We will begin this article where we left off last month. A lawsuit has been filed against you. You have met promptly with your attorney to discuss the case strategy and to enable her to record the facts you believe to be true. Your attorney, on your behalf, has moved to dismiss for failure to state a claim but the court has ruled that the facts alleged, if proved, make out a valid claim under the law. Thus, the case must be readied for trial.
As an aside, if the judge had concluded that the essential facts were not in dispute—even if there were some differences on minor points of fact—he may treat your motion as, or require a new motion for, “summary judgment.” This means that because the critical facts are not in dispute, there is no need for a trial and the court can decide the case based on the pleadings.
Returning to our hypothetical case, we are now at the point at which the legal fees begin to mount up. If there is a significant dispute about the key facts, it will likely be necessary to conduct “discovery.”
In the lowest-level trial courts, discovery is sometimes not permitted; cases in those courts are tried before a judge based on what each party has to say. These situations are dangerous to both sides, because each attorney is armed only with his client’s side of the story. The advantage of discovery is that each side gets to see and understand the other side’s case before trial.
But when it is permitted, discovery includes demanding documents from the other side that may reveal important facts and taking depositions. A deposition is an interrogation of a party or other person with knowledge by the attorney. The deponent is required to answer “under oath,” just as if he were testifying at trial.
Document discovery and depositions are essential to trial preparation. These steps enable counsel to ask questions at trial to which they already know the answers, the key to effective cross-examination of a “hostile witness.” Depositions can be wide-ranging and contentious. There is no judge present and the entire proceeding is recorded so both sides have access to it for further study and use at trial.
Discovery has another important role. Aside from the personal discomfort of being examined under oath where opposing counsel has wide latitude to explore the facts, a deposition can affect the parties’ determination to proceed to trial. While costly to both sides, well-done discovery can expose the weaknesses and strengths in each side’s position, and often leads to a new willingness to consider settlement.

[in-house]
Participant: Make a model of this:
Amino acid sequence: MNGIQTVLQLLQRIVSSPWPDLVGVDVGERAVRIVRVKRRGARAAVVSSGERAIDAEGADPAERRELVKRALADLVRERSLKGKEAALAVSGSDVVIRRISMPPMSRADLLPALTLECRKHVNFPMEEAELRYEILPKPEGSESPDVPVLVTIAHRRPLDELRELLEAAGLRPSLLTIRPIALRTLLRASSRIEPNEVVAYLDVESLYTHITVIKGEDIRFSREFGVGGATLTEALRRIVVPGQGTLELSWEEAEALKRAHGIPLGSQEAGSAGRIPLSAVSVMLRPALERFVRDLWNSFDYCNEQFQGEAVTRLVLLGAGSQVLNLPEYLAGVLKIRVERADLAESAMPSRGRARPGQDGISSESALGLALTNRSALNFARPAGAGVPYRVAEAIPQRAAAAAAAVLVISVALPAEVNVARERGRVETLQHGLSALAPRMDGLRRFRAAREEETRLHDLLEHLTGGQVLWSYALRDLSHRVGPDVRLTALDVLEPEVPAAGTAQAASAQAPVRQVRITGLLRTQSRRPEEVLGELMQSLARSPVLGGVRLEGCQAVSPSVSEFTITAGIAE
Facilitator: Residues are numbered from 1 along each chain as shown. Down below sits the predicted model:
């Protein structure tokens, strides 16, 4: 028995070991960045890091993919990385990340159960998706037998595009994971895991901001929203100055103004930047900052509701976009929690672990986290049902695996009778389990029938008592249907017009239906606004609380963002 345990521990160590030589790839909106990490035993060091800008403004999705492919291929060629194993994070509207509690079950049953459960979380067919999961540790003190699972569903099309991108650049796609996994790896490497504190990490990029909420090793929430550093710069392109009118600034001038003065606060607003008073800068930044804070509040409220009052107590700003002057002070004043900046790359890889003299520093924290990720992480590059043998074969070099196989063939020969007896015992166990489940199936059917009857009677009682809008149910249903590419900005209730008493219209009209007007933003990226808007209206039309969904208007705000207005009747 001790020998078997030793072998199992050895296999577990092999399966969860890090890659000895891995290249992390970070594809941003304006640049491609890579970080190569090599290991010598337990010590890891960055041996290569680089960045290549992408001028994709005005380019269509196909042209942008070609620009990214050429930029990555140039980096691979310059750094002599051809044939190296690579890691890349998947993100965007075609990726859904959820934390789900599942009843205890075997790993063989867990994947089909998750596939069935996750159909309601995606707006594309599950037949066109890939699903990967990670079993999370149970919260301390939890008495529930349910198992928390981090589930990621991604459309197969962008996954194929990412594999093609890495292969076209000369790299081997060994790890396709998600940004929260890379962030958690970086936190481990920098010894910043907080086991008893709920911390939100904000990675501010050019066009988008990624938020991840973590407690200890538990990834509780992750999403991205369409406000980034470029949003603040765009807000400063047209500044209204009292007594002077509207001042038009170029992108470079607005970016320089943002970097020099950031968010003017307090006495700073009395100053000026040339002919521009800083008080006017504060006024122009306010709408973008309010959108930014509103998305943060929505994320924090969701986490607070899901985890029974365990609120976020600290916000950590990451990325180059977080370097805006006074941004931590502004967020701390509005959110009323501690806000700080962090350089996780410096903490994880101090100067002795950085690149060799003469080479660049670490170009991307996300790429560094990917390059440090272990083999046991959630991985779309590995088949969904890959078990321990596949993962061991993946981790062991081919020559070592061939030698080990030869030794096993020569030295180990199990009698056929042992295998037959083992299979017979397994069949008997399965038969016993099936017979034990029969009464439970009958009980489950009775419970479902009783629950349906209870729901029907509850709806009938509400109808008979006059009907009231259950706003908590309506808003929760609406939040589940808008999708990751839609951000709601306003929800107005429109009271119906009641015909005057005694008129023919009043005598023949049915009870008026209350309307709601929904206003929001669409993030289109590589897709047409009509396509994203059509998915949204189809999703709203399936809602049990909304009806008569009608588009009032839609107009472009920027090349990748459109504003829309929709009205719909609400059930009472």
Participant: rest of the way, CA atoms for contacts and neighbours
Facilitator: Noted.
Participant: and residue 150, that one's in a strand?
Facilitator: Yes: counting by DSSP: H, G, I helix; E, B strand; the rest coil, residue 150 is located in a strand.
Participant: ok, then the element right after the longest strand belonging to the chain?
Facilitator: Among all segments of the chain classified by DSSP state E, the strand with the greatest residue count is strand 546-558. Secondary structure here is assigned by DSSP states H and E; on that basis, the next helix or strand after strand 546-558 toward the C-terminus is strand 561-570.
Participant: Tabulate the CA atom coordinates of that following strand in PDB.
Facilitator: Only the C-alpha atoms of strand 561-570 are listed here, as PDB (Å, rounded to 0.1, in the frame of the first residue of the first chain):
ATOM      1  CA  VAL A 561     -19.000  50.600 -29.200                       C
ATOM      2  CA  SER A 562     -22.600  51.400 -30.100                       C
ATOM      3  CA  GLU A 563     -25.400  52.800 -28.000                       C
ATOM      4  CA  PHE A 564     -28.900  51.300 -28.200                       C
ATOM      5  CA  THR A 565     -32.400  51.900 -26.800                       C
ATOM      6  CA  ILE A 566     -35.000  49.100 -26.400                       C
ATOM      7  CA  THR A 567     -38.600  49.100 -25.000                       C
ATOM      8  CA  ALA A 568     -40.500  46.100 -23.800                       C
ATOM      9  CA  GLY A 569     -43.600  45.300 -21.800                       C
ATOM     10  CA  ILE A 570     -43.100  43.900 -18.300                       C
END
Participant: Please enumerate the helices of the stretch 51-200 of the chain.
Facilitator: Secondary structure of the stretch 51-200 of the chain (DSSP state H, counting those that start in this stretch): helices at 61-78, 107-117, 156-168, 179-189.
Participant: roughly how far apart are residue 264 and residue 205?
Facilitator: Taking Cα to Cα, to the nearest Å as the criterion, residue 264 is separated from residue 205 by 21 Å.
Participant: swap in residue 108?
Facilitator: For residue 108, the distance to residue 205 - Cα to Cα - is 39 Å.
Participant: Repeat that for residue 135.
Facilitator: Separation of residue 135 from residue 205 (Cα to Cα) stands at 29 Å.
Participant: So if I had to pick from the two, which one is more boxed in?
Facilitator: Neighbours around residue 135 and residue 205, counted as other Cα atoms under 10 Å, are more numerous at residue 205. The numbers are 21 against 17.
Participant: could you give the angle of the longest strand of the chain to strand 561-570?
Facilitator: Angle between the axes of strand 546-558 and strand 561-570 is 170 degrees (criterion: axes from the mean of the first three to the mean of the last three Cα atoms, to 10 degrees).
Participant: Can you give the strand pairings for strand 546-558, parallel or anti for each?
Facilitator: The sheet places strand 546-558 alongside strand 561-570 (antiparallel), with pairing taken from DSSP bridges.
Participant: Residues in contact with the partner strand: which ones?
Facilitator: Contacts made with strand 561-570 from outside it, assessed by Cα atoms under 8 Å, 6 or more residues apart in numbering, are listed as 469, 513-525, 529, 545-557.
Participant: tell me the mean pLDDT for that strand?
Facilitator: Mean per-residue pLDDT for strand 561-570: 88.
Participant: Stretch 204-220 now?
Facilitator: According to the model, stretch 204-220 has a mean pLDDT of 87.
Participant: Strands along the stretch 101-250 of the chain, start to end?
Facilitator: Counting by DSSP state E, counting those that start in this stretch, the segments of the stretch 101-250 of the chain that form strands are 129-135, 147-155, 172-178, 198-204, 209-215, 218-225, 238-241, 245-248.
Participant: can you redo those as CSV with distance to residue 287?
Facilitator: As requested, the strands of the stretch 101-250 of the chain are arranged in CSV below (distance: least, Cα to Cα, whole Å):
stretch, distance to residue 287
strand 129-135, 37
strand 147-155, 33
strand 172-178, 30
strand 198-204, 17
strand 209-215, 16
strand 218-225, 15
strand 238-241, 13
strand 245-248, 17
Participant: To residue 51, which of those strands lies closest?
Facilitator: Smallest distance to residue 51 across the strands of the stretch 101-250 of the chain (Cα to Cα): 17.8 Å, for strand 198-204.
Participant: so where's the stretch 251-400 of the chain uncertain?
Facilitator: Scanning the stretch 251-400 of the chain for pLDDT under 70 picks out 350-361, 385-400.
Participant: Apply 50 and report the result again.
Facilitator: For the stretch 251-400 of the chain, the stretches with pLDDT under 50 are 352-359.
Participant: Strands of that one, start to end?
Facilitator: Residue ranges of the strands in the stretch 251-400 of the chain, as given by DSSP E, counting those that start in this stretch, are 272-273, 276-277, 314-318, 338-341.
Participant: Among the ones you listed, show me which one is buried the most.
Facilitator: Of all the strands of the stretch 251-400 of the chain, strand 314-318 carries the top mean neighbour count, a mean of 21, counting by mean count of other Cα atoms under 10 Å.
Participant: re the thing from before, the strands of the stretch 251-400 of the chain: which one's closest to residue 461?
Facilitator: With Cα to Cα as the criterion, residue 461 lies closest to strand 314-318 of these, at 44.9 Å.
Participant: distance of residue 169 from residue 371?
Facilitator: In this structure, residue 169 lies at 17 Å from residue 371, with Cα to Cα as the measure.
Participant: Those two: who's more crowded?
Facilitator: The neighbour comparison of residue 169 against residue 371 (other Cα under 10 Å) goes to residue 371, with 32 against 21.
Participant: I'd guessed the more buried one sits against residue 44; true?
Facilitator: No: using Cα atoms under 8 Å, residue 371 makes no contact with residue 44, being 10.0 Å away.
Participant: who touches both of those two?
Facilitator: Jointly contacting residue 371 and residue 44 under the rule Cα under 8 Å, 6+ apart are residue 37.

Let’s assume, though, that the parties go through discovery but decide to fight to the end rather than settling. Because of congestion on most court calendars, a long time may pass before trial can be held. The judge may call “status conferences” and often will attempt to persuade the parties to settle and thereby remove the case from the trial calendar. More lawyer fees accumulate throughout this process.
One interesting phenomenon about litigation is that most cases settle “on the courthouse steps,” meaning that as the moment of truth arrives, the parties, perhaps prodded by the judge and their own counsel, make a final assessment of the risks of going to trial. The complaining party who chooses trial risks the possibility of getting nothing at all. The defending party, your agency in our hypothetical, faces the possibility of a total loss, including court costs, which must be paid or appealed. Appeals are hugely expensive because counsel for each side must file briefs to the appellate court, often accompanied by copies of key documents from the trial record.
As a business person in the community, you should also consider that trials in the United States are public affairs. Anyone can observe the trial, including reporters looking for a story that their editors will want to publish. I will return to this question in a later article.
A final thought for this installment: despite what you see on television and in the movies, trials are generally rather dull affairs, conducted under the tight control of a judge applying the rules of evidence that determine what kind of information and statements can be admitted. In most cases the only excitement is experienced by the parties themselves—who, in a public setting and under oath, must testify to what they did and possibly disclose business records and practices they would prefer to shield from the public’s, and competitors’, eyes. Ben Franklin reportedly said, “Experience keeps a dear school, but fools will learn in no other." That aphorism applies in full measure to litigation.
In the next article, I will examine a way to avoid lengthy contentious discovery and costly trials with uncontrollable risks.
Part two of a three-part series. Read part I here.